I don’t think anyone can argue that technology makes many aspects of our lives simpler and more convenient, but it often brings complications with it as well, as we all know. But every once in a while, something comes along that just unambiguously makes things better. Stuff like the vaccine, electrical lights, and improved communications technology.
Add to that list just about any “convenience” gadget you can build into a car. I’ve long maintained that everything from power windows to automatic transmission is, in fact, a safety feature: anything you can get a machine to do for you while you’re driving reduces the amount of distraction you suffer while performing the task, which by definition makes you a less distracted driver and thus a safer driver.
It seems that, in one area at least, the National Highway Safety Transportation Agency (NHTSA) agrees: a few months ago they passed a new regulation requiring all new street-legal cars to come with backup cameras as standard features, starting in 2018.
The area immediately behind a car is the most difficult part of a driver’s surroundings to see, for obvious reasons, and backing into somebody is responsible for a horrifying number of serious injuries and deaths (over 15,000 each year), with the victims disproportionately being young children–again for obvious reasons: they’re too short to be seen over the rear of the car!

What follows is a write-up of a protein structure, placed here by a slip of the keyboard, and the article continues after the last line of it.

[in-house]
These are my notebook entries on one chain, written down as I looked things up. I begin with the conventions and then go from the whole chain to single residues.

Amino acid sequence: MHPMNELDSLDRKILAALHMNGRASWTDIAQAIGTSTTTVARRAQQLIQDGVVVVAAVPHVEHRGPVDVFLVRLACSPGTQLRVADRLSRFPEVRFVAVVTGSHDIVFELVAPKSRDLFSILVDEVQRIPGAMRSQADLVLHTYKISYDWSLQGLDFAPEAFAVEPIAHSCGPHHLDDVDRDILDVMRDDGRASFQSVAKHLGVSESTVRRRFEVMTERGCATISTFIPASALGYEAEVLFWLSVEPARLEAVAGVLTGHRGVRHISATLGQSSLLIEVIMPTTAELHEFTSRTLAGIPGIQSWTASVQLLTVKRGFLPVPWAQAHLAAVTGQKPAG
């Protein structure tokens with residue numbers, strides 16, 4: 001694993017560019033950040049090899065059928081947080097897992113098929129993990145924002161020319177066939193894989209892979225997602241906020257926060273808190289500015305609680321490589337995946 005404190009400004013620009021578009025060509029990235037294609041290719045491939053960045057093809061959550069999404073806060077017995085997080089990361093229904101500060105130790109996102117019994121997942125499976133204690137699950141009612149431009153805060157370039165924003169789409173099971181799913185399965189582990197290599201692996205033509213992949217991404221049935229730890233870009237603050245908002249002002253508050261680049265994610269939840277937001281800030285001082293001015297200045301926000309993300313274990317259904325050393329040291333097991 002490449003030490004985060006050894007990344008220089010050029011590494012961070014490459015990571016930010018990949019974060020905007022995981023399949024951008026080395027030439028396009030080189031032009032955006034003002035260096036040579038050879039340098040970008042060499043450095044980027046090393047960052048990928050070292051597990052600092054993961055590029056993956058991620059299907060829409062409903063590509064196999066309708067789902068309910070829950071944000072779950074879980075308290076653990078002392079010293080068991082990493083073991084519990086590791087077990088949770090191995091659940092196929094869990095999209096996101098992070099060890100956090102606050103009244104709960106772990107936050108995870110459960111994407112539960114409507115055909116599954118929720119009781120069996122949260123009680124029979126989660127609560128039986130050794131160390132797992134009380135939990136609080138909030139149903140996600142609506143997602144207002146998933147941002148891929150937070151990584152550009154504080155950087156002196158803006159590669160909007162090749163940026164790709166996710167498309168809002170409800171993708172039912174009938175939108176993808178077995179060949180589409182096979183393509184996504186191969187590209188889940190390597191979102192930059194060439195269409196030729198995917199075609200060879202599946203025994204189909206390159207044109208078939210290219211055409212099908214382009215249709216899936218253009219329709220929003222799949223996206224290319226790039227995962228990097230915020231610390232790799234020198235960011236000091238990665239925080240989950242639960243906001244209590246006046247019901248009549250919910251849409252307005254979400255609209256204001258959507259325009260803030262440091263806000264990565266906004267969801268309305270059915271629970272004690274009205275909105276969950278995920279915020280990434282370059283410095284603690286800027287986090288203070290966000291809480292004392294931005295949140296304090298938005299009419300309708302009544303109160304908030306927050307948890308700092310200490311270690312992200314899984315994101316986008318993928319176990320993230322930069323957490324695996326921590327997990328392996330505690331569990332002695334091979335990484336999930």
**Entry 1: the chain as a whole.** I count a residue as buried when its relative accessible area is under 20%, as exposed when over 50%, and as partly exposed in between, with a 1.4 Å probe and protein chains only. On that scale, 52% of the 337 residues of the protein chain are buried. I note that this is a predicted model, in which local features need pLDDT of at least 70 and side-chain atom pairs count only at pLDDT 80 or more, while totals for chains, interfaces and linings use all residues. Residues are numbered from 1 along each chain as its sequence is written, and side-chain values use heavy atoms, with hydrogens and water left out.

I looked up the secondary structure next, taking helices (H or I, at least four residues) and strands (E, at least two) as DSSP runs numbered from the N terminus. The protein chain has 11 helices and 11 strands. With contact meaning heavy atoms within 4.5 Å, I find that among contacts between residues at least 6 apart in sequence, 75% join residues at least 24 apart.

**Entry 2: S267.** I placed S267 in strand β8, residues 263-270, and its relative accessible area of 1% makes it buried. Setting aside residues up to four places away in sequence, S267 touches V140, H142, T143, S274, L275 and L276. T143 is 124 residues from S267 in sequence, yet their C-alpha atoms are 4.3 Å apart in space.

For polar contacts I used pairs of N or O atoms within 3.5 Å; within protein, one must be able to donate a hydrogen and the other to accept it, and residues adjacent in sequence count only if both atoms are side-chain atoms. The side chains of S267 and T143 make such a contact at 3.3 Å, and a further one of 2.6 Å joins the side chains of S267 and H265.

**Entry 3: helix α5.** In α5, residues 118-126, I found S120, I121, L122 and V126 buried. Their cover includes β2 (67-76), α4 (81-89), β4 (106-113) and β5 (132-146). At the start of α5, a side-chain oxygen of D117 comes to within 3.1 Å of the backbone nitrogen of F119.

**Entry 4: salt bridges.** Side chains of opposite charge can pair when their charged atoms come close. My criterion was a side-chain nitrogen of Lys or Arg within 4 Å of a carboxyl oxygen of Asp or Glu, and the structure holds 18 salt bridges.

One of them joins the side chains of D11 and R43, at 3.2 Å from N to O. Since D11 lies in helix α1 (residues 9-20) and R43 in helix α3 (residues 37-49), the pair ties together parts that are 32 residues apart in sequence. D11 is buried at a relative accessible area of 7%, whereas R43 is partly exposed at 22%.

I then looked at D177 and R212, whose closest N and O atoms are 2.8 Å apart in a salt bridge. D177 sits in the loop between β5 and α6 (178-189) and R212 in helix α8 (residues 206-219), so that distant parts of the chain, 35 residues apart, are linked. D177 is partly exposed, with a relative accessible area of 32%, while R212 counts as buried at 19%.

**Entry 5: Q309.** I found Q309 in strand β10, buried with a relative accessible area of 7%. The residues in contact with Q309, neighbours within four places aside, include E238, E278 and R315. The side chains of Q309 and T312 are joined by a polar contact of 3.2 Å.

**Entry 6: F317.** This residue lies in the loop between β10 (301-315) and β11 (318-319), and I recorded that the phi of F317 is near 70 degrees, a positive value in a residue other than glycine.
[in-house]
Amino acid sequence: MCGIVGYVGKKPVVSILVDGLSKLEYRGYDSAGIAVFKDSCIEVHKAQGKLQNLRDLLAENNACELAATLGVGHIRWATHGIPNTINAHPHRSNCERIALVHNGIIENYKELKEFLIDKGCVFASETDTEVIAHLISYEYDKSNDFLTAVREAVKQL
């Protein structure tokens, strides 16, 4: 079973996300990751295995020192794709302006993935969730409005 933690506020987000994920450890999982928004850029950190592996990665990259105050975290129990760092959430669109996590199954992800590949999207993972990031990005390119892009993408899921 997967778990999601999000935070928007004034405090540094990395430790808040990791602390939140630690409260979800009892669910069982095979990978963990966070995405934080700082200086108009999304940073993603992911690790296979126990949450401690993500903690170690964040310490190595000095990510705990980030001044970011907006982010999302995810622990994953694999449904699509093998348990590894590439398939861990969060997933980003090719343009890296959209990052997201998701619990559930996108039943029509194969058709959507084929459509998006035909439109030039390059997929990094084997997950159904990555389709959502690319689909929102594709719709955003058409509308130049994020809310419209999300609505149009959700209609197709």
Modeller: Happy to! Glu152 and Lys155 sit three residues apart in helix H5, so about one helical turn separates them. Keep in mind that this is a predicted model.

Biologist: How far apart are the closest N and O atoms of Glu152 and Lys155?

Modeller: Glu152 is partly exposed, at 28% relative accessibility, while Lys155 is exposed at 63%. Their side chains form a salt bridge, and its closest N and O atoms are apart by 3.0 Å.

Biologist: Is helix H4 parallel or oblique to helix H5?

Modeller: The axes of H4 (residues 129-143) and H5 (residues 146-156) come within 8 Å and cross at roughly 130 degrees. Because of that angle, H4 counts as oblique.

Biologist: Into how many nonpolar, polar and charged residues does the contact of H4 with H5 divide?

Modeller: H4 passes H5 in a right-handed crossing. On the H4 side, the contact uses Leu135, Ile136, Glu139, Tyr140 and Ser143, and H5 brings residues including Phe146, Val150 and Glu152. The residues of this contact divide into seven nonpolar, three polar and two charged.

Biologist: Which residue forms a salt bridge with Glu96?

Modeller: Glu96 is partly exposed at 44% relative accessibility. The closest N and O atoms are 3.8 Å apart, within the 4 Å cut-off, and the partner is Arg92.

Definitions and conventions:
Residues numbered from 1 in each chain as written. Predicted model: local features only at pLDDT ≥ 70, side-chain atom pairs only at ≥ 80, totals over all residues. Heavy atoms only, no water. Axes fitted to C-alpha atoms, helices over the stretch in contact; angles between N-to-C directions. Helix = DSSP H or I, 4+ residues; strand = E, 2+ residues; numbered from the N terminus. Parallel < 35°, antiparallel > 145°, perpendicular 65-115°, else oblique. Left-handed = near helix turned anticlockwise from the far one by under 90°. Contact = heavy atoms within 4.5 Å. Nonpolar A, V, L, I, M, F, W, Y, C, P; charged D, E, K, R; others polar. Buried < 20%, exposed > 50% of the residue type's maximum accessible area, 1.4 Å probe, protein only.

As the owner of a car with a backup camera, I have to applaud this. The car’s computer draws lines on the screen over the image, one set going straight back and another that curves as I turn the wheel, showing me exactly where I’m going, and making it so I can drive backwards just as confidently as driving forwards. When I’m traveling and have to get a rental car, it makes me wonder how anyone ever managed without a backup camera. (And given rental agencies’ propensity for keeping their fleets stocked with new-model cars, that’s not likely to remain a problem for long!)
The other upside is that having a screen required on the dash is likely to result in putting the screen to other uses, such as an increase in the adoption of GPS navigation as a standard feature. Having used both built-in GPS and external GPS units, the built-in one is a much better system for two reasons. First, it draws power directly from the car’s electrical system instead of having its own battery. I had a rental GPS unit crap out on me once due to a bad connection with the cigarette lighter charger, in the middle of a busy freeway in an unfamiliar city. It was about as pleasant an experience as you’d imagine, which is to say not at all, and if that never happens to anyone else again it’ll be too soon. And second, an integrated GPS can integrate. For example, when the one in my car goes to speak a driving direction, its integration with my car’s computer automatically turns down the radio if I have it on so I can hear the directions clearly. An external unit just can’t do that.
I just wish the implementation timetable wasn’t so long. With the prices of modern hardware, a camera won’t add all that much to the cost or complexity of building a car. If you could make a rule that would prevent that many tragic deaths and injuries, would you want to say “but it’s OK for the status quo to continue for 4 years”?